Miami-Dade Police Probe Overbilling Scheme
The Miami Herald by David Ovalle - April 6, 2012
Miami-Dade police detectives are investigating allegations that a New York tech company engaged in a widespread scheme to overbill taxpayers, according to court documents.
Two county employees with Miami-Dade’s Internal Services Department have resigned in connection with the corruption probe into Data Industries Inc., which has earned $16 million in taxpayer-funded contracts since 2001. Details of the investigation became public through a search warrant, filed in Miami-Dade Circuit Court, that was issued so that detectives could examine items seized last fall from the desks of the two employees at County Hall suspected of being in on the scam. The county late last year relieved the employees, Jesus “Jay” Pons and Bruno Diaz, of duty because of the investigation. According to a county spokeswoman, both has since resigned from Internal Services, which was known as General Services Administration until a recent reorganization. Pons, a board member at the Adrienne Arsht Center for the Performing Arts, was a high-level GSA manager overseeing the Data Industries contract. Pons, who says he is the nephew of the late Cuban actress Maria Antonleta Pons, began working with Miami-Dade in 1993, after stints as a bank executive, according to his Arsht Center bio. His salary in 2008 was $121,484. Diaz, who earned $82,111 in 2008, was a senior systems analyst in the agency. Also under investigation is Paul Raifaizen, the co-founder of Data Industries. No charges have been filed in the ongoing probe. None of the men could be reached for comment. According to the search warrant, the crimes being investigated are grand theft, official misconduct and unlawful compensation or reward for an official. Miami-Dade police and the office of Mayor Carlos Gimenez said they could not comment because of the ongoing investigation. The probe began when a subcontractor, Anthony Mei, of Monodnock Consulting, agreed to talk to police about his suspicions. Mei was a project manager hired by Data Industries, which was contracted in 2006 to provide information technology services for GSA, one of the larger county departments, which handles billing, manages buildings and properties and coordinates real estate purchases. Mei told investigators he became suspicious of Pons and Diaz, whom he believed to be brothers-in-law because their wives shared the same surnames. He consulted with private detective Joe Carrillo, who later notified county authorities. Mei also took his concerns to superiors, including Internal Services assistant director Wendy Norris, and a police probe was launched. Among Mei’s allegations to Miami-Dade police, according to the warrant:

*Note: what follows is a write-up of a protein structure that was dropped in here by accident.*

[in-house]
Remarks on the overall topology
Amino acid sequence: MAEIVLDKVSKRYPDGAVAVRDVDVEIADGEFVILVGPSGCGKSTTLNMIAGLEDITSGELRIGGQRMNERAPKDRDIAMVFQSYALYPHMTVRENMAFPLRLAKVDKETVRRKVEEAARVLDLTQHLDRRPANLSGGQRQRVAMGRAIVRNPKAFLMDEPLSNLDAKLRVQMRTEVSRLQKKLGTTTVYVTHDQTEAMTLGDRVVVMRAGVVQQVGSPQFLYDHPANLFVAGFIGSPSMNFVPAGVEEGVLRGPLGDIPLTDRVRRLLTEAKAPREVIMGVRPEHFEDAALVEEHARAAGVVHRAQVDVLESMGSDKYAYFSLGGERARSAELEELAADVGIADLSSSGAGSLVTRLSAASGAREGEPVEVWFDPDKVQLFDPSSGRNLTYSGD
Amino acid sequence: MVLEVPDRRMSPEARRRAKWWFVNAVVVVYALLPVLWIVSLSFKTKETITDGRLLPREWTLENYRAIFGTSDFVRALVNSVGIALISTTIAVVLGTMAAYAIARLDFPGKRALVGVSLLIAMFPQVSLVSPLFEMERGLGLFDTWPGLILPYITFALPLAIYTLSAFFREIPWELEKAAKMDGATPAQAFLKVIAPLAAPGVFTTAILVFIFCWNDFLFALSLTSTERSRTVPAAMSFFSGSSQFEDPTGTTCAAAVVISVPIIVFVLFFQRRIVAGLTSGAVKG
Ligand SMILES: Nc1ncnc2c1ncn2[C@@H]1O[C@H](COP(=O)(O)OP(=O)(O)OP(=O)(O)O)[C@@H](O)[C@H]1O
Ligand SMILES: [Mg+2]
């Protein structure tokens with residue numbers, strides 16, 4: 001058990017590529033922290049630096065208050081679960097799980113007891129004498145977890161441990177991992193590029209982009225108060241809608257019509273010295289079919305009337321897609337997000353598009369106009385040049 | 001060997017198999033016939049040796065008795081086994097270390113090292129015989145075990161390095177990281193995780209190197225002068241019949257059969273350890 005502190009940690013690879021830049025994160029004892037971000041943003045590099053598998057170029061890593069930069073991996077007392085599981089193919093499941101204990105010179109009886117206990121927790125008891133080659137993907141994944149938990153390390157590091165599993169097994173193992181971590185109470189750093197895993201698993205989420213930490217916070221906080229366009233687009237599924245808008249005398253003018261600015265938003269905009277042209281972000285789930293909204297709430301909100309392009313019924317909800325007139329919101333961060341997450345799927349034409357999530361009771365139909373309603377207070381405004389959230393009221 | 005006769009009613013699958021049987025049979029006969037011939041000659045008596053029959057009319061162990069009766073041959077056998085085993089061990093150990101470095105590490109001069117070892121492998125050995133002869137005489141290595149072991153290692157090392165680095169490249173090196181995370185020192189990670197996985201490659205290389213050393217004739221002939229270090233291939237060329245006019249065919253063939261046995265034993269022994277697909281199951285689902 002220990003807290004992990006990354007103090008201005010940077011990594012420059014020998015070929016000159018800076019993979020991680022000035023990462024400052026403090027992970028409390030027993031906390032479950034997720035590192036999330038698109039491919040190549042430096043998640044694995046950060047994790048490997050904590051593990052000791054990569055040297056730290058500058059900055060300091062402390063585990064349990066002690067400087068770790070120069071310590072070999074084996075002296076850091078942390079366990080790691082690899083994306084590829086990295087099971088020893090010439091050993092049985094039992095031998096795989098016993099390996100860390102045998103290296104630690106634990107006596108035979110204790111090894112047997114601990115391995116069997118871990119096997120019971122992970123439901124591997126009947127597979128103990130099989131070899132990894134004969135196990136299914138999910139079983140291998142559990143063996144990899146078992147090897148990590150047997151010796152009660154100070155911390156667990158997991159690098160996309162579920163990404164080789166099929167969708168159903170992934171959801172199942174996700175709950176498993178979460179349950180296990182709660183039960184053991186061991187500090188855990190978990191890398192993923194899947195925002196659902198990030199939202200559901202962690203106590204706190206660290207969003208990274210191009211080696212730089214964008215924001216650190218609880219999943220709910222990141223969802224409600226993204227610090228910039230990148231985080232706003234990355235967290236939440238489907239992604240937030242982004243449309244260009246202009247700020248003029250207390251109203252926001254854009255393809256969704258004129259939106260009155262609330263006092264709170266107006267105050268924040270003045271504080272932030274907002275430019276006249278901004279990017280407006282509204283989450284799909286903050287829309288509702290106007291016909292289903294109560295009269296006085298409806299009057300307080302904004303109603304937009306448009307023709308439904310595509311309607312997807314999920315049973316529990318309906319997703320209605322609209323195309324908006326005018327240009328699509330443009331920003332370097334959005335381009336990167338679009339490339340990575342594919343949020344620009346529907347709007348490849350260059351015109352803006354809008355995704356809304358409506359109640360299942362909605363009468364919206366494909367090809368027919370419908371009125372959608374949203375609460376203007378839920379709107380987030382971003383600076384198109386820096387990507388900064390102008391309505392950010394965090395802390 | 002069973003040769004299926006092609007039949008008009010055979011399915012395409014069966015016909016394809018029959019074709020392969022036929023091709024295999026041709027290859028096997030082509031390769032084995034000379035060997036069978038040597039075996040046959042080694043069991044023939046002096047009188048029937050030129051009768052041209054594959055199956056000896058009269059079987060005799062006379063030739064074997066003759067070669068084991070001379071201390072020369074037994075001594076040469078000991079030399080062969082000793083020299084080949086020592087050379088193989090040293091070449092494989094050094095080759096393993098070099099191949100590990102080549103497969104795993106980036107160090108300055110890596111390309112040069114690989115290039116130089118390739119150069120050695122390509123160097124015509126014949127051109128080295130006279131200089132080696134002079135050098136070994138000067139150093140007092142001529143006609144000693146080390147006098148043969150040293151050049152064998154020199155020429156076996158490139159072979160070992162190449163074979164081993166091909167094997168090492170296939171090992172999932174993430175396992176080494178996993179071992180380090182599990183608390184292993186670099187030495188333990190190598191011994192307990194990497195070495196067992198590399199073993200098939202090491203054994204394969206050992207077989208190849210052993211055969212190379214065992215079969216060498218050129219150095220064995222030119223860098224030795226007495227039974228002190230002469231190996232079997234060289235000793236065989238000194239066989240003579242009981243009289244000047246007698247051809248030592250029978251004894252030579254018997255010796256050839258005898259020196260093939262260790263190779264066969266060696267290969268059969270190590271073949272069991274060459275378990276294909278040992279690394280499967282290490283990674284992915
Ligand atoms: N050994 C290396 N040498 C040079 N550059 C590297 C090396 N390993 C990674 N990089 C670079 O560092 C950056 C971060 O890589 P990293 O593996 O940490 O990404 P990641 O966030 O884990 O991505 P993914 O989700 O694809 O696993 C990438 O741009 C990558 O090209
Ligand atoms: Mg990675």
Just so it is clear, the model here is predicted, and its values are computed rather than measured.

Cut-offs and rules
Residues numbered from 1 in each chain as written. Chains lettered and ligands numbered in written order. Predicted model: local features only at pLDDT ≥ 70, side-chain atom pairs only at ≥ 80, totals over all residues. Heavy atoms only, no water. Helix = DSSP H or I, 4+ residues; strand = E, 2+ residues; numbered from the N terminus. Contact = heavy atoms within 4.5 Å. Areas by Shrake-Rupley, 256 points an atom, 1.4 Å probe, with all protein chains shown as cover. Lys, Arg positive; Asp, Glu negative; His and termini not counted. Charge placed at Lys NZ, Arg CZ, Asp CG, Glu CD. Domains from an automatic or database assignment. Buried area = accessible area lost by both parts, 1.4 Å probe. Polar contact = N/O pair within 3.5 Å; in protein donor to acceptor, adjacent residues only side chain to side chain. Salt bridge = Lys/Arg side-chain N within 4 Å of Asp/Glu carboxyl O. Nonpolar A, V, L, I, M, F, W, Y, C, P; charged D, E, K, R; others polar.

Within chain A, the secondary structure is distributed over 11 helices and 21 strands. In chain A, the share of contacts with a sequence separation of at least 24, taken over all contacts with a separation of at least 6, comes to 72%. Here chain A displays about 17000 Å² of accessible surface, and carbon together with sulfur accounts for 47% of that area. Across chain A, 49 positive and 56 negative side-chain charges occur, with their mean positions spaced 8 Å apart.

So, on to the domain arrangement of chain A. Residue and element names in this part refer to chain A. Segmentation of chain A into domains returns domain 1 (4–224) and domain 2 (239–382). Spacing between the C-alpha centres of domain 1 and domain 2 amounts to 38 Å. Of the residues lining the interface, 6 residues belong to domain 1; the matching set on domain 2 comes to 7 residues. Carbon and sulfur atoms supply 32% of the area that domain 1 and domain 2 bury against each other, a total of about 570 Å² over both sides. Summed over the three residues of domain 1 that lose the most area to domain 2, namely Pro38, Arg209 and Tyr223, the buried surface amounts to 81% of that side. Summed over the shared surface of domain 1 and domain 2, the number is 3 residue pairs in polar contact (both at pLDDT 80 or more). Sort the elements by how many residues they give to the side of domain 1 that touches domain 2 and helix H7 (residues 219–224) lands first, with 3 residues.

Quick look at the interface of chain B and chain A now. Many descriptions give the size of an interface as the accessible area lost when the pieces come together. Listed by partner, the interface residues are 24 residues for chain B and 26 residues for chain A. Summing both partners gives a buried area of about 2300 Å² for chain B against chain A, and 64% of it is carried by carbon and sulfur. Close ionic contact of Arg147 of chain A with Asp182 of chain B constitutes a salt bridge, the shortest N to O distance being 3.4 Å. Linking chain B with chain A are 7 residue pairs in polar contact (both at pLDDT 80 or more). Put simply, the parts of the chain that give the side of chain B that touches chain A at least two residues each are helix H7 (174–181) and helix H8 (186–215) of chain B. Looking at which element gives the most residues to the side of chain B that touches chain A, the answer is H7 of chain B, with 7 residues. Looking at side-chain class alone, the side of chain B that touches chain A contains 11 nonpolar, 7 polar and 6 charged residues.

• For his work, Mei billed Data Industries $125 an hour. The company turned around and billed the county between $230 to $275 an hour, markups he felt were “inappropriate.”
• The company paid a web designer $30 an hour, but billed taxpayers $175 an hour for her services. Another woman earned $35,000 annually through Data Industries, which billed $350,000 a year for her work, he told police.
• Data Industries regularly billed for overtime – and received payments – even though the contract overseen by Pons forbid the practice.
• Mei lived in a downtown Miami high-rise apartment paid for through the contract. When he moved, he claimed, Diaz took the furniture “to outfit Bruno Diaz’s son’s college dormitory.”
• Pons arranged the hire of a worker named “Anapum” from India to write reports and billed the county for work supposedly done before the man was hired.
• The company regularly billed for employee hours that were never actually worked, including $400 an hour for time never worked by Raifaizen.
------ One former Data Industries employee, Zsuzsanna Mate, confirmed to investigators that Raifaizen asked her to submit invoices for hours that she did not work after she had left the company. She turned over her computer and documents to Miami-Dade police. dovalle@miamiHerald.com
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